Developing an estate plan is oftentimes emotionally overwhelming. It is not difficult to imagine an oversight in the following areas. Dig out your estate plan and verify if you have made provision for the following situations. If not, make it a priority to speak with an estate planning attorney.
- Alternative Beneficiaries.
Your estate plan should include an alternate or contingent beneficiary in the instance that your named beneficiary does not survive you. When you pass away without an identified beneficiary, then your estate risks needing a probate.
Do you have a small family? No kids? No one you really want to leave things to? Then you may consider naming a charity as the ultimate back up beneficiary.
Providing an alternative or contingent name means you can make sure that your property will go where you want it.
- Digital Assets.
What will happen to your online accounts and assets (Facebook, LinkedIn, Pinterest, Walgreens Photos, Shutterfly albums, Amazon, email, and anywhere else you conduct business online)?
Most people automatically assume that these digital assets will automatically transfer over to their loved ones upon death. That is not necessarily the case.
Take proactive steps you can take to make sure that your photos, blogs, ebooks, music, etc. will pass properly.
Make a list of all of your online accounts, including user name and password for each. Also add the passcodes for your personal digital devices (laptop, iPad, iPhone, desktop). It is difficult to find an account that is not on the radar.
For those of you concerned about listing this very private information, consider avoiding an electronic record by handwriting the information and keeping it in your estate plan book or in your safe. There are also some reputable sites which will store this information securely on the cloud for you.
Making your digital assets known is only part of the equation. You will also need to make sure you give authority over your digital assets to your designated personal representative using a power of attorney.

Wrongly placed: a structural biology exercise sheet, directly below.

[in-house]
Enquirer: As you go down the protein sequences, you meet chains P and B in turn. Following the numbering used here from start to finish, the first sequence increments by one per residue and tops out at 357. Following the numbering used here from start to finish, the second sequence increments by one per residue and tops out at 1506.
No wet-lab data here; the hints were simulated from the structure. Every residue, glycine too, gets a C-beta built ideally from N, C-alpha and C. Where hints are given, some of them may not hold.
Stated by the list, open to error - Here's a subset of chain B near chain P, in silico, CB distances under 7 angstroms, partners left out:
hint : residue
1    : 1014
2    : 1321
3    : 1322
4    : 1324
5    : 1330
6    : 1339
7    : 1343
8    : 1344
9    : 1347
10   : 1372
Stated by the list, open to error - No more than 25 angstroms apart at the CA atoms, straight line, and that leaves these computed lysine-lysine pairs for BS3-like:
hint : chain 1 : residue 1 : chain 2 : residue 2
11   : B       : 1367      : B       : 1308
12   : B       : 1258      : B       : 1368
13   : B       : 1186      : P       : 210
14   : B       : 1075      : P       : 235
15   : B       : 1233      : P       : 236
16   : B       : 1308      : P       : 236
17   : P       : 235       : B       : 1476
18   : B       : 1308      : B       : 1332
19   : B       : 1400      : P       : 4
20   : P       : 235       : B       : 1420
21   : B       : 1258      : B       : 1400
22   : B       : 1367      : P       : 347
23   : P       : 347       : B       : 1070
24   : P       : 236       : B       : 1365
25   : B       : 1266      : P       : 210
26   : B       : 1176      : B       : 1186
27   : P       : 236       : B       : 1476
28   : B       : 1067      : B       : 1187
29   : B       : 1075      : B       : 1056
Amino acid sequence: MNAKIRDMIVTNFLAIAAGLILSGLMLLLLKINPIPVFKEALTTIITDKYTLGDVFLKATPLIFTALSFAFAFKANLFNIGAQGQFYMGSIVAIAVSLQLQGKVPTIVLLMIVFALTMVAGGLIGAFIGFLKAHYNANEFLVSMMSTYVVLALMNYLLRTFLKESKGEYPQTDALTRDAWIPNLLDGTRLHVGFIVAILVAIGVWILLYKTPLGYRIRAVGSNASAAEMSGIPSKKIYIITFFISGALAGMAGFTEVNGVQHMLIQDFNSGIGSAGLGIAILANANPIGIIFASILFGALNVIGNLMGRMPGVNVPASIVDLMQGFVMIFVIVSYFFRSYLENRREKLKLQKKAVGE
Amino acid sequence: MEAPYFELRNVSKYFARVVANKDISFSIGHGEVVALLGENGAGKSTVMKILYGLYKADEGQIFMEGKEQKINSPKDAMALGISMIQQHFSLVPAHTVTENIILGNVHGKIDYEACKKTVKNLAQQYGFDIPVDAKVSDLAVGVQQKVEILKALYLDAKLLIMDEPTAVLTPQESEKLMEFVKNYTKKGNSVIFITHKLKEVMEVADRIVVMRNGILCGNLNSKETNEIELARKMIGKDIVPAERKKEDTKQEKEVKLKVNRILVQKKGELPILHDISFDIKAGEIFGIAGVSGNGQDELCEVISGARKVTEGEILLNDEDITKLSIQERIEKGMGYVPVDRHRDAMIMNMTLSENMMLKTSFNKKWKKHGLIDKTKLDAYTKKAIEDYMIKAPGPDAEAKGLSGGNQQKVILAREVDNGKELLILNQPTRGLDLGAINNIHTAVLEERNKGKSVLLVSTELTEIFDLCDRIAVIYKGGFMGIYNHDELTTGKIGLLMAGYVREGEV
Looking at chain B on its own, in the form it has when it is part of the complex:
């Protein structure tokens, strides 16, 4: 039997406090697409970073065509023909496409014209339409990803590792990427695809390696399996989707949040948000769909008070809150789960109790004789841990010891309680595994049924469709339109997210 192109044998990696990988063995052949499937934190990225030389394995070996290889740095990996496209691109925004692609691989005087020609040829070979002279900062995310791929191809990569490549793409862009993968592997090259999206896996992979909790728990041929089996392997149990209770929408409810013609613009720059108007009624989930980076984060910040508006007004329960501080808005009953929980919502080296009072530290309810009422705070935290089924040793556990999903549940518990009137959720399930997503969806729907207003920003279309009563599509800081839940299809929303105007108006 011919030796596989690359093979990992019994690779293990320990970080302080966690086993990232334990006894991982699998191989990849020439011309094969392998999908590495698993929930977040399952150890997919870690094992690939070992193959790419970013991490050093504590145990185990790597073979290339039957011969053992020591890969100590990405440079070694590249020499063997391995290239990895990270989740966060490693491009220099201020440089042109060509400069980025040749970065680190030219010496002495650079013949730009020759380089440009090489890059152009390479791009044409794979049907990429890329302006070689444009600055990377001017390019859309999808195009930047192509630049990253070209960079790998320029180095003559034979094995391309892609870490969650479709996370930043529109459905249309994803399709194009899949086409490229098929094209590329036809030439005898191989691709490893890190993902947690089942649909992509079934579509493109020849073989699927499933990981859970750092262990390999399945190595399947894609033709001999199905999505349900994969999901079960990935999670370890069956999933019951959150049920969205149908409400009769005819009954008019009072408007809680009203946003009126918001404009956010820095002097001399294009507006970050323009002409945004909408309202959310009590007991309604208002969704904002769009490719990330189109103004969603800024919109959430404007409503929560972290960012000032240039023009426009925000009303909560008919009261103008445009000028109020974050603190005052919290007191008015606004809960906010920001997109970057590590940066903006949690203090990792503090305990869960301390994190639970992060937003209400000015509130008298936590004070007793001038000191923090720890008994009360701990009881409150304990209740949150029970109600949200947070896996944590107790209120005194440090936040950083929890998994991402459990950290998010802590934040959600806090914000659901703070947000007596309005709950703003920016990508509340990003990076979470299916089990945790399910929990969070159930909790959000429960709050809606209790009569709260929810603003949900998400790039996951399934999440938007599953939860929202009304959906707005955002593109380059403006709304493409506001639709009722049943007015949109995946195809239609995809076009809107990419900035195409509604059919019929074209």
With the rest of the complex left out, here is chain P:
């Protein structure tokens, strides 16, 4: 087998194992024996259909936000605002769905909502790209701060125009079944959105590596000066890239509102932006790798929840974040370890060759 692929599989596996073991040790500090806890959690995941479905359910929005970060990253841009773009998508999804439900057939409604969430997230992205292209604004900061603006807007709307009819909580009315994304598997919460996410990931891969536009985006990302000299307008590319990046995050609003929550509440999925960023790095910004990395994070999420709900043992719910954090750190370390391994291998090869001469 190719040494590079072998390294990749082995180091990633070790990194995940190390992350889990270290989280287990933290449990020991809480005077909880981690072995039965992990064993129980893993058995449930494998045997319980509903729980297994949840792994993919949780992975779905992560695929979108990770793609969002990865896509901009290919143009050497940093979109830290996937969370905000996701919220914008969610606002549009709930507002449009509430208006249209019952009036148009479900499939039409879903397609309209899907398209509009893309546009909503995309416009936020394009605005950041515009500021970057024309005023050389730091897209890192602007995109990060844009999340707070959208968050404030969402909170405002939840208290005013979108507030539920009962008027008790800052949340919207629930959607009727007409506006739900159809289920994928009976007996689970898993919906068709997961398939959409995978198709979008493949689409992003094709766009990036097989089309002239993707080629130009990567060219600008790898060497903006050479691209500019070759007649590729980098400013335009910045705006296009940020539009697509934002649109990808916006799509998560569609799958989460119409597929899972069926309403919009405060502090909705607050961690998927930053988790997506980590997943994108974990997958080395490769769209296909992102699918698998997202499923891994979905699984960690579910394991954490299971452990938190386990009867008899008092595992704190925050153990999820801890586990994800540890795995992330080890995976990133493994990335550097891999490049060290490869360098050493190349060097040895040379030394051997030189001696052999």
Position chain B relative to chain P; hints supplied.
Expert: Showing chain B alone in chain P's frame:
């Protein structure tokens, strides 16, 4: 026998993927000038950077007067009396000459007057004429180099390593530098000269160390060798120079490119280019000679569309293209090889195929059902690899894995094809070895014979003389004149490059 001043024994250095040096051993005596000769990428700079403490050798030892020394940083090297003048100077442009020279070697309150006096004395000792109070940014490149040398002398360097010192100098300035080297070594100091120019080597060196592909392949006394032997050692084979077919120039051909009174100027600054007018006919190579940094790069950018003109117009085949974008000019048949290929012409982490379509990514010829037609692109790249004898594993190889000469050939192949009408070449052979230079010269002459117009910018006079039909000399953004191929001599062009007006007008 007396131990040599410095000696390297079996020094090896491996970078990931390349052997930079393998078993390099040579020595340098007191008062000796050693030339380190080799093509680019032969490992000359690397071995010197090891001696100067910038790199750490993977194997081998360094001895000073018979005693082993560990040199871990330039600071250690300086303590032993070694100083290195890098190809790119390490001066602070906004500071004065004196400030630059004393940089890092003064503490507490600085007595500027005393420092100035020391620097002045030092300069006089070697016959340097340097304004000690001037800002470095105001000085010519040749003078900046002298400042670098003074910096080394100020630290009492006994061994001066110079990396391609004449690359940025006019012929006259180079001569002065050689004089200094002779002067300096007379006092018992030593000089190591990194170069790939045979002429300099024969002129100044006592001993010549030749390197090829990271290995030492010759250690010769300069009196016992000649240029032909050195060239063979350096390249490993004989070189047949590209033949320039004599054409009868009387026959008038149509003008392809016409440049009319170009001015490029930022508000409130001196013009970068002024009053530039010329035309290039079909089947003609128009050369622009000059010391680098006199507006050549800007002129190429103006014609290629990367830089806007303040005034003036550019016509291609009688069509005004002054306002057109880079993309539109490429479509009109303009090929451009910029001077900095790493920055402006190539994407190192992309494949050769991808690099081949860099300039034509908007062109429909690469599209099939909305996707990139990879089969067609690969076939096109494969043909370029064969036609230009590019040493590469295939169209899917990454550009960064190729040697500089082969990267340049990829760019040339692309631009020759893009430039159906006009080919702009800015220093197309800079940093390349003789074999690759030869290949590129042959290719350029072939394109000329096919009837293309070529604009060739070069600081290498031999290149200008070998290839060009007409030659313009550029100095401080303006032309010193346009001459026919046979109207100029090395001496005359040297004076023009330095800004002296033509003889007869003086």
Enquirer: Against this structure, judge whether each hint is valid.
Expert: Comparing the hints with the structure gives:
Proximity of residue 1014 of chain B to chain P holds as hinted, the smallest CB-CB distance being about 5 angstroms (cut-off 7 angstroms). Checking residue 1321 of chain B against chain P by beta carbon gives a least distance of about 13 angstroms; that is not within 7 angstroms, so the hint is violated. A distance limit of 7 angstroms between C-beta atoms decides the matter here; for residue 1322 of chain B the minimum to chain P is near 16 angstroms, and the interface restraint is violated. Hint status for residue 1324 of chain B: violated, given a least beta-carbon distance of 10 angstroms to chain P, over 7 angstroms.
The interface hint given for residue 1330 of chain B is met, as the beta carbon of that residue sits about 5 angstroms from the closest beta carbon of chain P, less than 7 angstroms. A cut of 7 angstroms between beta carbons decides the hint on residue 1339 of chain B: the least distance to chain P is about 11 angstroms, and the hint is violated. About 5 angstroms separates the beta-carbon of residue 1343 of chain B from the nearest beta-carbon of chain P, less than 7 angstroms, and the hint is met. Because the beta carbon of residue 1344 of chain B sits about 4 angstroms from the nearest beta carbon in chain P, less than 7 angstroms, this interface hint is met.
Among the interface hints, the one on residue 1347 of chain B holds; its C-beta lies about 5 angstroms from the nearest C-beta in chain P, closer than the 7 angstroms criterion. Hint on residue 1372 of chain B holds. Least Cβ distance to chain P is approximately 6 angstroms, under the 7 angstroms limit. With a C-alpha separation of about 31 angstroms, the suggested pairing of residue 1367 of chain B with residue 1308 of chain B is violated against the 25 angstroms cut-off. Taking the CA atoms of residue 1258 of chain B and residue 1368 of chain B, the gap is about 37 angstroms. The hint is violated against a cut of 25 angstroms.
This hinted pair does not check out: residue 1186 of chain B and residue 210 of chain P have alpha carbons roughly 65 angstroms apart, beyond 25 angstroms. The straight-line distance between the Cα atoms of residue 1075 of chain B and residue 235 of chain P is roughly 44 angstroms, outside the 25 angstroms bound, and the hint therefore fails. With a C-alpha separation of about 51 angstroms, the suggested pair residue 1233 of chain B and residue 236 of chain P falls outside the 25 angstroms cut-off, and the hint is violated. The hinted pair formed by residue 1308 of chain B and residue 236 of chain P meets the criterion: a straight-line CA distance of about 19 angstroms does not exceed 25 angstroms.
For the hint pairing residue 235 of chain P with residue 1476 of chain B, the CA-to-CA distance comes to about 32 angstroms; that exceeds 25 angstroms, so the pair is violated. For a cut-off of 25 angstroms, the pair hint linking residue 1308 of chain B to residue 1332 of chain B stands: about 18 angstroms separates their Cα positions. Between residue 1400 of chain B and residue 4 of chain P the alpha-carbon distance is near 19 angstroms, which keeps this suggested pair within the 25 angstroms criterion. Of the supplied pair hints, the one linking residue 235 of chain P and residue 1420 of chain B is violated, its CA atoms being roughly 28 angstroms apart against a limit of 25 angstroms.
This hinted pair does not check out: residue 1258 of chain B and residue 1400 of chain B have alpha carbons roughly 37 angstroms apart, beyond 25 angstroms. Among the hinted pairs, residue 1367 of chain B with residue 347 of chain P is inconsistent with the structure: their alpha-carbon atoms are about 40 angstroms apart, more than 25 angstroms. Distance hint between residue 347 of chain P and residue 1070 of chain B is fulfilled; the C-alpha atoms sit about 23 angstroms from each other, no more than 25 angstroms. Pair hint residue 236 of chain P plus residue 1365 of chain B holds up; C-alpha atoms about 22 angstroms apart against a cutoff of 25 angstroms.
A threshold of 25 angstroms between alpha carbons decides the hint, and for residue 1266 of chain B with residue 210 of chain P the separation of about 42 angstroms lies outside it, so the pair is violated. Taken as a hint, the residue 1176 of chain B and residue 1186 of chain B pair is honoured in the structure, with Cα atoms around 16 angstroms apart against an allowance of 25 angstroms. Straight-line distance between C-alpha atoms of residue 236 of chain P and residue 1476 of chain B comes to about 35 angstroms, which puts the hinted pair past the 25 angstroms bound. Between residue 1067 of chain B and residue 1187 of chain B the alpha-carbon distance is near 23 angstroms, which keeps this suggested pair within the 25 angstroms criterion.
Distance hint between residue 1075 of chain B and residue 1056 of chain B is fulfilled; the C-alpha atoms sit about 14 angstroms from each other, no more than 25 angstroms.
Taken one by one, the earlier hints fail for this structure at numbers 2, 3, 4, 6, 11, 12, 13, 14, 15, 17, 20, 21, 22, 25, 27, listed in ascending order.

- Personal Possessions and Family Heirlooms.
Personal possessions or family heirlooms with sentimental value are not easily divisible among multiple beneficiaries, especially if you want to keep the item(s) in the family.
Complete a Personal Property Memorandum. This document allows you to identify which assets are to go whom. The Personal Property Memorandum is oftentimes referenced in a will or trust and is legally binding.
If you are unsure what you have will work to accomplish your wishes, ask your estate planning attorney.
Pets won’t be able to take care of themselves if you are gone; and no, you cannot leave property to an animal directly.
Give thought to who might accept the responsibility to take care of your animals. Then, list a contingent caretaker as a backup plan. If none, consider identifying that your animals are to go to a no-kill animal shelter or sanctuary.
For those of you wanting additional structure, talk to your estate planning attorney about pet trust options. A pet trust is established to set aside funds that are regularly paid to your pet’s caregiver to address needs of your pets and costs as they arise.
Are you missing any of these key elements in your existing estate plan? Even if you don’t have a established plan, Stone Law Offices, Ltd. is here to help. Make an appointment for your free consultation today: 702-998-0444. We are open Monday through Friday, 8am-5pm.
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